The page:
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Vodafone wins India tax dispute

24th Jan 2012
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Vodafone Group has won a landmark $2.6 billion (£1.6bn) case against India’s tax office in a Supreme Court ruling.

The long-running case followed a tax demand on Vodafone’s $10.9bn acquisition of Hutchison Whampoa's Indian mobile telecoms business in 2007. India’s tax office claimed Vodafone was responsible for $2.6bn as most of the assets in the deal were located in India.

According to the Indian local law, buyers must withhold capital gains liabilities and pay them to the government.

The British telecoms giant challenged the ruling on the basis that the deal was between two foreign companies and took the case to the Supreme Court after losing a High Court ruling. Even if the tax was due, Vodafone argued that the seller should pay the amount, not the buyer.

Vodafone said in a statement: “The Court has concluded that Vodafone had no liability to account for withholding tax on its acquisition of interests in Hutchison Essar Limited (now Vodafone India Limited) in 2007.”

The company’s chief executive Vittorio Colao said: “We welcome the Supreme Court's decision, which underpins our confidence in India.”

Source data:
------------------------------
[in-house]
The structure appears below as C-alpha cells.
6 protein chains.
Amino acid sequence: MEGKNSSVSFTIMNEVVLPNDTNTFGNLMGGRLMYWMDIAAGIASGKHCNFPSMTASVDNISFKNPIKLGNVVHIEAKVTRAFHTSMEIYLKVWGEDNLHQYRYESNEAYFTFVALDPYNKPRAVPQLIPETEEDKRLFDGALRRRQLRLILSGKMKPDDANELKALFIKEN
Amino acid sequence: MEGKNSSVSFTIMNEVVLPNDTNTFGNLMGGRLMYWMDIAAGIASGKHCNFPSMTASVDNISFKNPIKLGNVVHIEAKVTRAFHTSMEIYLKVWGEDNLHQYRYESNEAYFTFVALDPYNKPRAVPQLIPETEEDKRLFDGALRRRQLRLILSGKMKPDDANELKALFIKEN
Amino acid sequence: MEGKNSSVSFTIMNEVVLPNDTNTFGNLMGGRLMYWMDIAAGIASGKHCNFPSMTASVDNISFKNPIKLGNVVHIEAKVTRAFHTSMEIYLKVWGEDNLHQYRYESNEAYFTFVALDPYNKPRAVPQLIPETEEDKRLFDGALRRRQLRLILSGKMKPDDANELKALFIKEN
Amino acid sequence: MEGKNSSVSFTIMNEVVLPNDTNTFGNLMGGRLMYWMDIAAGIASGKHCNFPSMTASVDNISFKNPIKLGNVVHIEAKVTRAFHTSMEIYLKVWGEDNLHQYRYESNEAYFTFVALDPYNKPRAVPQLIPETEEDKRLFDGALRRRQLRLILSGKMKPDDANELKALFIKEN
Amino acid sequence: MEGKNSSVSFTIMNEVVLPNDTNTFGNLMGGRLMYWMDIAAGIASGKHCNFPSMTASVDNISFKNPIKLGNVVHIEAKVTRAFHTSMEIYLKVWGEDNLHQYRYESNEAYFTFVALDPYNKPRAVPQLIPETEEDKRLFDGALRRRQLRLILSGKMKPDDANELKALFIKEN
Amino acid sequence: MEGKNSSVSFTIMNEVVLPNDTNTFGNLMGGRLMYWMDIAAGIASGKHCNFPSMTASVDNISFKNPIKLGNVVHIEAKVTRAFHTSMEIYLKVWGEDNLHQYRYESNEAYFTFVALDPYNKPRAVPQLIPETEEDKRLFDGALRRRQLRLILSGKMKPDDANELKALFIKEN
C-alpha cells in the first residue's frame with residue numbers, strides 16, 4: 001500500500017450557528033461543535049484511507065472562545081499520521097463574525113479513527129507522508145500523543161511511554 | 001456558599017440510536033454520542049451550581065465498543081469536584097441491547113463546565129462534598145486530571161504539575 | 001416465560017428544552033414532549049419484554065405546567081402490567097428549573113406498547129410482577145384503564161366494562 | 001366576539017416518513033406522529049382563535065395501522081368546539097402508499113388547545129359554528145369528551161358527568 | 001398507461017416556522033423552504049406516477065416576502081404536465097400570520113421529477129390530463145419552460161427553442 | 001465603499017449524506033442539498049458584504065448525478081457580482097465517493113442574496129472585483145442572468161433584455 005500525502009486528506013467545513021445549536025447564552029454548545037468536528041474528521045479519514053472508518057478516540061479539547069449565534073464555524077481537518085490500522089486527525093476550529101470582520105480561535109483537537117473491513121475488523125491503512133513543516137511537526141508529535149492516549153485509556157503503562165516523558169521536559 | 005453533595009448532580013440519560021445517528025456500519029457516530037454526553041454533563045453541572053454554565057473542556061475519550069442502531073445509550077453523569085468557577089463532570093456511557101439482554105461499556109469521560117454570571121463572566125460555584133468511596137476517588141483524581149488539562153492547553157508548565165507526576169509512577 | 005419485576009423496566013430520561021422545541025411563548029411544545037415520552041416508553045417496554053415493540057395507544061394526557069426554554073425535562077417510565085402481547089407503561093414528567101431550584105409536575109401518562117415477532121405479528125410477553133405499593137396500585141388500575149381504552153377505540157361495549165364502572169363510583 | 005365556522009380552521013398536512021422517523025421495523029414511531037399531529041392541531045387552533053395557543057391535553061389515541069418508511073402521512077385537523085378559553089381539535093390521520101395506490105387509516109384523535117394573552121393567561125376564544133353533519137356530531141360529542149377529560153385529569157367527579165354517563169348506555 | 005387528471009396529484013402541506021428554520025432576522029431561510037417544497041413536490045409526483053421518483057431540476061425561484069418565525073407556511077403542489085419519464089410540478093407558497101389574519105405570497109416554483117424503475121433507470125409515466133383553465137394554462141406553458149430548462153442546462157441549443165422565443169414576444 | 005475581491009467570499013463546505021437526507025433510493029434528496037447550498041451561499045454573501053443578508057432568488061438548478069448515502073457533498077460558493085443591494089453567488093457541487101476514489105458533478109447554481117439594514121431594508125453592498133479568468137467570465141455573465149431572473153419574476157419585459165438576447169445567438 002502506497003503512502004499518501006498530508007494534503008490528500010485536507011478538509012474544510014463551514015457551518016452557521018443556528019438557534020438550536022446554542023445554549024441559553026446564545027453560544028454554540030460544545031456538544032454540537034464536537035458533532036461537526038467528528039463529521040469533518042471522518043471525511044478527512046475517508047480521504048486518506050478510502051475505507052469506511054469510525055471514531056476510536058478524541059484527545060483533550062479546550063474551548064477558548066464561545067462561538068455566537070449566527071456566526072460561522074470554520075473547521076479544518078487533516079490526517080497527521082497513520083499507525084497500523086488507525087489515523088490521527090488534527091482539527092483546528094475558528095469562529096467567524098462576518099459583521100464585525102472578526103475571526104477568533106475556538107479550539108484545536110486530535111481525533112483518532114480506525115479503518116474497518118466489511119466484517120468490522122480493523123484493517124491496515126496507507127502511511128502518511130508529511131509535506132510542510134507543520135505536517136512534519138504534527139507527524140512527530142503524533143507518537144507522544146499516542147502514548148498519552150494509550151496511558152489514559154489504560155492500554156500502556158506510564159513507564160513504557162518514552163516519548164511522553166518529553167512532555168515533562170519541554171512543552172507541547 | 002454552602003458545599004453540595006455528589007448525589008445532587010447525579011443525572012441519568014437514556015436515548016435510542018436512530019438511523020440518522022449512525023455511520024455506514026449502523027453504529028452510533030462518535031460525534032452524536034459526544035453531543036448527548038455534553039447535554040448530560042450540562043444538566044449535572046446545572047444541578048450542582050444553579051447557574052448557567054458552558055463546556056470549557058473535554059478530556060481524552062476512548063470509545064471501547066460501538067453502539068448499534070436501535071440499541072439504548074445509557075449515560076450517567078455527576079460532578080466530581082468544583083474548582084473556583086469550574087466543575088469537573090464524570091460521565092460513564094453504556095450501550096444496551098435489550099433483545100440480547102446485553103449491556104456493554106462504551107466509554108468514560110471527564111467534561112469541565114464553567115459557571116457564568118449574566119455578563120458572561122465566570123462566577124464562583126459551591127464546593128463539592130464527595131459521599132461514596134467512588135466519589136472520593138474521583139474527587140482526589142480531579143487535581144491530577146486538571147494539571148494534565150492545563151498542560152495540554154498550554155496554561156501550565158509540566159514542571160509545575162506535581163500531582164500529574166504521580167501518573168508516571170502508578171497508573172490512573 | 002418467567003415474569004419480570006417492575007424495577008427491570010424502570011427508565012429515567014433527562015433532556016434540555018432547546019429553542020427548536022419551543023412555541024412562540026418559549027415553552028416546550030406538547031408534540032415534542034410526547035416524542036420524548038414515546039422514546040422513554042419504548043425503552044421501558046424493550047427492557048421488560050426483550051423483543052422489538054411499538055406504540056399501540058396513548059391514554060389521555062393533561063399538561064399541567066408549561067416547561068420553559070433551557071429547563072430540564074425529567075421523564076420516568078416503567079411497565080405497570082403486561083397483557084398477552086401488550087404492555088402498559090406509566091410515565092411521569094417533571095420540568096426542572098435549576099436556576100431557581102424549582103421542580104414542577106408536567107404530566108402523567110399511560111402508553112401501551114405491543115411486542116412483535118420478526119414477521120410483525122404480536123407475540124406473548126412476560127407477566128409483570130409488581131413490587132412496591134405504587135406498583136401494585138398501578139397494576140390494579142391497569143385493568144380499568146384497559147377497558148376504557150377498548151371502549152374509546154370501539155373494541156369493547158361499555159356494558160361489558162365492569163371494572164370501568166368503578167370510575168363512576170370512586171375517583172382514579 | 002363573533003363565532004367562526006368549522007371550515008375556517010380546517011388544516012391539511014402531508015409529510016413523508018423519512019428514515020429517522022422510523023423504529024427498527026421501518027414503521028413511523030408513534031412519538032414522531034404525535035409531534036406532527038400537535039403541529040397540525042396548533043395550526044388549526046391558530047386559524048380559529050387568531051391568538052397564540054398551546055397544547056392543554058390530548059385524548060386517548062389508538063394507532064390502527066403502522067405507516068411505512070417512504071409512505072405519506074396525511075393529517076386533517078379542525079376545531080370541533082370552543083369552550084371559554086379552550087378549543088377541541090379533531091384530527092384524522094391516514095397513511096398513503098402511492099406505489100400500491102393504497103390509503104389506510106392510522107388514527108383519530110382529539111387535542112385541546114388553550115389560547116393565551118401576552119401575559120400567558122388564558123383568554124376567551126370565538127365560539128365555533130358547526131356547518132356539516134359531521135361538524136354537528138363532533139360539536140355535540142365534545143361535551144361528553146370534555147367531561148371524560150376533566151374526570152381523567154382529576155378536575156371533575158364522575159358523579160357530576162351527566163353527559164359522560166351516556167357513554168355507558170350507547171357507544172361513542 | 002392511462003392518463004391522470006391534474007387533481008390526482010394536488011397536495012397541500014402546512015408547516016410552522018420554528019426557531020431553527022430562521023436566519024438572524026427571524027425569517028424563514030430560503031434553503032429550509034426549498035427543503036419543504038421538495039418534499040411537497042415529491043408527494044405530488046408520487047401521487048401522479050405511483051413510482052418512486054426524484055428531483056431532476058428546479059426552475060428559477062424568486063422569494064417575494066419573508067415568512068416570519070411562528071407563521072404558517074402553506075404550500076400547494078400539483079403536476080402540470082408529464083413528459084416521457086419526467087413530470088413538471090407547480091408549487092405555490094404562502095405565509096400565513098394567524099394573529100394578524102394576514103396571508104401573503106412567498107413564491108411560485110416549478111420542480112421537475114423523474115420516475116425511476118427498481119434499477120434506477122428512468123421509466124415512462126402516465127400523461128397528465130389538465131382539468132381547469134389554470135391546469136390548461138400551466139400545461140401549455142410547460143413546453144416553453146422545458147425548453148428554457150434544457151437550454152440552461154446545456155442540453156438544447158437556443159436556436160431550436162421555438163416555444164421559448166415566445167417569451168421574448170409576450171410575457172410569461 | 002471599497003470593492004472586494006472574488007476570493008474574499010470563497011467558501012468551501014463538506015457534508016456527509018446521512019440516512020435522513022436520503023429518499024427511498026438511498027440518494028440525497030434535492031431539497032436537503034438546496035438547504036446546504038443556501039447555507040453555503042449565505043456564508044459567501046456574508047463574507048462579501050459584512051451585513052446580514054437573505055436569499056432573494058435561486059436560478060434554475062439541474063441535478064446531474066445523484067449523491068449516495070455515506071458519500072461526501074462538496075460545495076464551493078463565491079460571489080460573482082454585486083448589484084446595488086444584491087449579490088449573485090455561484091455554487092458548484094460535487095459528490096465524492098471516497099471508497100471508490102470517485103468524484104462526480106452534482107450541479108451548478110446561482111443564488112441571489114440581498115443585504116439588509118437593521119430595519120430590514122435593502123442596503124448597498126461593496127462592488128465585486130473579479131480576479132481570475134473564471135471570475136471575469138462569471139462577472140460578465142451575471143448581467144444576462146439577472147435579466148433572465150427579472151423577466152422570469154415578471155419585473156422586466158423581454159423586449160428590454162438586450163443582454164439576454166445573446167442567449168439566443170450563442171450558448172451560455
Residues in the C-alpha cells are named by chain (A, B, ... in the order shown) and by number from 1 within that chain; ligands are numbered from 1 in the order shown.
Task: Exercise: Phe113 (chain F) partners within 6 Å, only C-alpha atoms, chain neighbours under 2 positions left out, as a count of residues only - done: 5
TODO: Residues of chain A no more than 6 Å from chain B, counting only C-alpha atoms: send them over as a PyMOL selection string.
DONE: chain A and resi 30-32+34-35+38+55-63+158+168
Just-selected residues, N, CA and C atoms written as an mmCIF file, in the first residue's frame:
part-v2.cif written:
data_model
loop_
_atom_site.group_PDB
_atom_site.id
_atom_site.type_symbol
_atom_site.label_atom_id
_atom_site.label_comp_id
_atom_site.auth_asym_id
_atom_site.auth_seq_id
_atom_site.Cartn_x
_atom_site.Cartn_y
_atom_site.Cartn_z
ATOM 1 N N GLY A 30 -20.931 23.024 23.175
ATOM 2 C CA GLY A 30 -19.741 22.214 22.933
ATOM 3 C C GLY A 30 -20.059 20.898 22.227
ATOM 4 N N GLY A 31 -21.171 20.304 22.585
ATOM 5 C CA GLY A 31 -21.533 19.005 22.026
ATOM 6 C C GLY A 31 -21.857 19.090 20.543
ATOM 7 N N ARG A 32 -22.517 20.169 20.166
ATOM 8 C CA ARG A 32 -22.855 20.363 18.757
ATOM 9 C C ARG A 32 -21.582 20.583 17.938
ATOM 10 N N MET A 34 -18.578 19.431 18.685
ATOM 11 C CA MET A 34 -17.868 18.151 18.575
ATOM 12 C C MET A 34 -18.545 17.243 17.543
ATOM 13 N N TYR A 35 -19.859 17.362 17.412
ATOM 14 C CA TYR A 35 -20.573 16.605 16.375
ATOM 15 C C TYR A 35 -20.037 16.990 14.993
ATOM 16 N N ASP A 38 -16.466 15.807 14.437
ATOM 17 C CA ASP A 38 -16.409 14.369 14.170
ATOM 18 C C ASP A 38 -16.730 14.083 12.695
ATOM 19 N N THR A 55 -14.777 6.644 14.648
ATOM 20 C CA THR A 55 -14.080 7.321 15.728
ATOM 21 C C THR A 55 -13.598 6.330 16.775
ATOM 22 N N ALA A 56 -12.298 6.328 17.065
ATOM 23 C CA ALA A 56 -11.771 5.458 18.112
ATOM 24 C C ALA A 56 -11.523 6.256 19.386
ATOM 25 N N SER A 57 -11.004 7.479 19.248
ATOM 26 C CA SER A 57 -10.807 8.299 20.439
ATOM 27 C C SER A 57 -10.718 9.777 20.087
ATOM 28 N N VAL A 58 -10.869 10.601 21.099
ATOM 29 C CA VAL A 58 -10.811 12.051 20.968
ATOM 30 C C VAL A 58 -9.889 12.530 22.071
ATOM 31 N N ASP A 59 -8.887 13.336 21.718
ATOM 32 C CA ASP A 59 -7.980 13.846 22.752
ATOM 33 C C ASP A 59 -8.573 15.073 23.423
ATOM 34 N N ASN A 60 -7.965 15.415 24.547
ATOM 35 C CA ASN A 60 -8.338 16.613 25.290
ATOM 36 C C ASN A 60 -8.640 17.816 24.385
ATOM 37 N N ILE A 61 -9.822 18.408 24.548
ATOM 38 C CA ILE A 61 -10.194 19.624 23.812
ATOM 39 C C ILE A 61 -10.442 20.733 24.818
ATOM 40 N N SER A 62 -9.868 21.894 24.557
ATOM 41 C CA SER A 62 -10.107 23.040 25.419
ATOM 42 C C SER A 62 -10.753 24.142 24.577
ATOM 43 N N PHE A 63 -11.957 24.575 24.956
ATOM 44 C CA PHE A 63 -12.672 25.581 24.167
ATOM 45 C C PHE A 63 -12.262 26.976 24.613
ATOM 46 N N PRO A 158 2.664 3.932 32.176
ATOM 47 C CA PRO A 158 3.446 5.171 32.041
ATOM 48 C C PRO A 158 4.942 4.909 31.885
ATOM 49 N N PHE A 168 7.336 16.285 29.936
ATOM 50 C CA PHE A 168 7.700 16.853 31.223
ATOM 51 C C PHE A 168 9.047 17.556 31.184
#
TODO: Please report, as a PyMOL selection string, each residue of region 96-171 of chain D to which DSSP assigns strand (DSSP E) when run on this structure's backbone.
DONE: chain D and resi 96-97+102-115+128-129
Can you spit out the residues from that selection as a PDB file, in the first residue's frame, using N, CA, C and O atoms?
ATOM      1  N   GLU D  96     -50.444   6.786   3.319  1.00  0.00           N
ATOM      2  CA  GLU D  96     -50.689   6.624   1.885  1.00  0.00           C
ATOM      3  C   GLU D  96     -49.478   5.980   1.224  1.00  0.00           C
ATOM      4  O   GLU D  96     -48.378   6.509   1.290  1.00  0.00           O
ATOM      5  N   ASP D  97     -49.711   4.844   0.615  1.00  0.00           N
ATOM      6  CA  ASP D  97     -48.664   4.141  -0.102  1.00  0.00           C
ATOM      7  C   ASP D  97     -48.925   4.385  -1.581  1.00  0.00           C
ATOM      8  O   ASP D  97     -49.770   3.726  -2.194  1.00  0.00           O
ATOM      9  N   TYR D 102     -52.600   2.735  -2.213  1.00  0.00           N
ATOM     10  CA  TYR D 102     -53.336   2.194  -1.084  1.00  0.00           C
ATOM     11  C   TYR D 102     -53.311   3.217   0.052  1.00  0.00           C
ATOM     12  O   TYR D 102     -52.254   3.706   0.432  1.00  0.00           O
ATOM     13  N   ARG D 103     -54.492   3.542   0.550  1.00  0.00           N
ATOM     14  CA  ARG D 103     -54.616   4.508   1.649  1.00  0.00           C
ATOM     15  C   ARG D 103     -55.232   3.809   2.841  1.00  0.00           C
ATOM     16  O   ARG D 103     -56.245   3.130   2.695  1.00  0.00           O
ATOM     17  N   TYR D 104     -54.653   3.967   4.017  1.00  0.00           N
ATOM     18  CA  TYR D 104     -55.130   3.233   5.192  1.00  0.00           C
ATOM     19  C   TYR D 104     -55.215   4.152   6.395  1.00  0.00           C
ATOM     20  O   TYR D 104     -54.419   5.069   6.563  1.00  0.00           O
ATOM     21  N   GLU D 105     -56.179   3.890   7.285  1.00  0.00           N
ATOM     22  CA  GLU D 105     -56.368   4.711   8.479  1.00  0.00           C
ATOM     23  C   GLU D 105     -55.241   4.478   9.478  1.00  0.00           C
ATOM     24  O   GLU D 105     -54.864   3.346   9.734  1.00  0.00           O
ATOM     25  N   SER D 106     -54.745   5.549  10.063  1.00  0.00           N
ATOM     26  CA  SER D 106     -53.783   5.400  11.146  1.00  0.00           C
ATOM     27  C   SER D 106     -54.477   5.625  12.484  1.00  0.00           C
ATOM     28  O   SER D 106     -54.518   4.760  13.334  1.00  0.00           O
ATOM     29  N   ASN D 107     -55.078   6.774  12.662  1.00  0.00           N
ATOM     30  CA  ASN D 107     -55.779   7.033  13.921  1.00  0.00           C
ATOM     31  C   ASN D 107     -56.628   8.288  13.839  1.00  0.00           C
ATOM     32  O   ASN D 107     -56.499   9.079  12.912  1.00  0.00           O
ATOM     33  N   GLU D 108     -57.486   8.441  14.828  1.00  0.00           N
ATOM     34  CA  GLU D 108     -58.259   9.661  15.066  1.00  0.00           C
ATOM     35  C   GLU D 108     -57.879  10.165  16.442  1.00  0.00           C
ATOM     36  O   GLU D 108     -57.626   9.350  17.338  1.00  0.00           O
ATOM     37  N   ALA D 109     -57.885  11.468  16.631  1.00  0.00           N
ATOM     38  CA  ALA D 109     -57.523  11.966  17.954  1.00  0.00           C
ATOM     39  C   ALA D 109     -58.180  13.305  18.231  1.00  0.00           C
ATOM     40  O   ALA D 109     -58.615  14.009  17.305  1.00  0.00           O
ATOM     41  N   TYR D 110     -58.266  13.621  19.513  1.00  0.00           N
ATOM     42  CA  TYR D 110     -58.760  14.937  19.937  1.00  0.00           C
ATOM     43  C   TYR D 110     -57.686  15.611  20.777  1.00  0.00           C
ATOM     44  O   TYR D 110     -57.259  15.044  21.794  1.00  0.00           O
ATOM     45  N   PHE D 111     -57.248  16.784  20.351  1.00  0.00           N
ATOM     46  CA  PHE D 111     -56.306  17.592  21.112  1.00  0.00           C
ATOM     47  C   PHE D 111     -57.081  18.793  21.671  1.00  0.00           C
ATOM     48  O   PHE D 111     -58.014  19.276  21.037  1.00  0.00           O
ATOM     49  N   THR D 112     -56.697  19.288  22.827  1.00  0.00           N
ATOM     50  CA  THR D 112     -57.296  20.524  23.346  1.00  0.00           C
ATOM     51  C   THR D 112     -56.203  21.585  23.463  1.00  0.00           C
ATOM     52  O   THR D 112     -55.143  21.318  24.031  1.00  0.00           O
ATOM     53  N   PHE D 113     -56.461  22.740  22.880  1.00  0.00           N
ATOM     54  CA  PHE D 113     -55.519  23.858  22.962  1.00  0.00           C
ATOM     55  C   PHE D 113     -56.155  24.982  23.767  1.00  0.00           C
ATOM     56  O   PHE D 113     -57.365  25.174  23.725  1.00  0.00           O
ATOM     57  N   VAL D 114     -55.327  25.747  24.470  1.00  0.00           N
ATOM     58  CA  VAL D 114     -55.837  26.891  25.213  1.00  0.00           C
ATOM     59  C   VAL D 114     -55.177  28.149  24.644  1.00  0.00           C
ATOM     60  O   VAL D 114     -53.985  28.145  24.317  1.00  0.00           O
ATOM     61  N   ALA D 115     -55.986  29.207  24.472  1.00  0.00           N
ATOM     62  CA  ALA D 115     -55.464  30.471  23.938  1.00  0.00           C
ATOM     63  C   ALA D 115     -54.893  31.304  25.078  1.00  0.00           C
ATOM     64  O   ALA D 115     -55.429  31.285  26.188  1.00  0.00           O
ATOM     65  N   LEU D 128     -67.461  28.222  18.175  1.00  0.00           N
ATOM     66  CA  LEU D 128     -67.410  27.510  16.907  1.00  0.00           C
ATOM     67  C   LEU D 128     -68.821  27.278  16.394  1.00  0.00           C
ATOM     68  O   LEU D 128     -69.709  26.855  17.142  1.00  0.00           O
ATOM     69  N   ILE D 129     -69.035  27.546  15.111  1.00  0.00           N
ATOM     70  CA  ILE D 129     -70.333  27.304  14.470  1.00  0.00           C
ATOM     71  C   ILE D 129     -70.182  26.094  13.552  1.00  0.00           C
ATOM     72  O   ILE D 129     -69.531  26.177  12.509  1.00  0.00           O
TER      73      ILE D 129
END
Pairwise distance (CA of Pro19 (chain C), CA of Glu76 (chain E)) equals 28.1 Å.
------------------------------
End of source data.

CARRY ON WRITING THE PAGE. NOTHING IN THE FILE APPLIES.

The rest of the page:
Following the judgement, the Supreme Court ordered India’s tax office to return to Vodafone the £356m paid, and the ruling was seen as a welcome relief to India's foreign investors.

Kevin Phillips, an international tax specialist at Baker Tilly, said: “The case represents a huge relief for a host of other large multinationals that have undertaken similar deals in India.”

Chris Sanger, Ernst & Young’s head of Tax Policy added: “This decision marks the conclusion of the one of the most high profile tax disputes in India, and has been watched from around the globe. 

“The question of taxing indirect disposals has now been considered by other countries and many will be hoping that this decision will result in those countries reconsidering their approaches. The prospect of tax on indirect disposals can undermine certainty and deter foreign direct investment.”

Tax commentator Richard Murphy said: “If India's supreme court had ruled that India should have been able to levy those taxes, the corporations would all have huffed and puffed about the investment climate, but at the end of the day they would still get their foreign investors slavering to be the investors to come in.”

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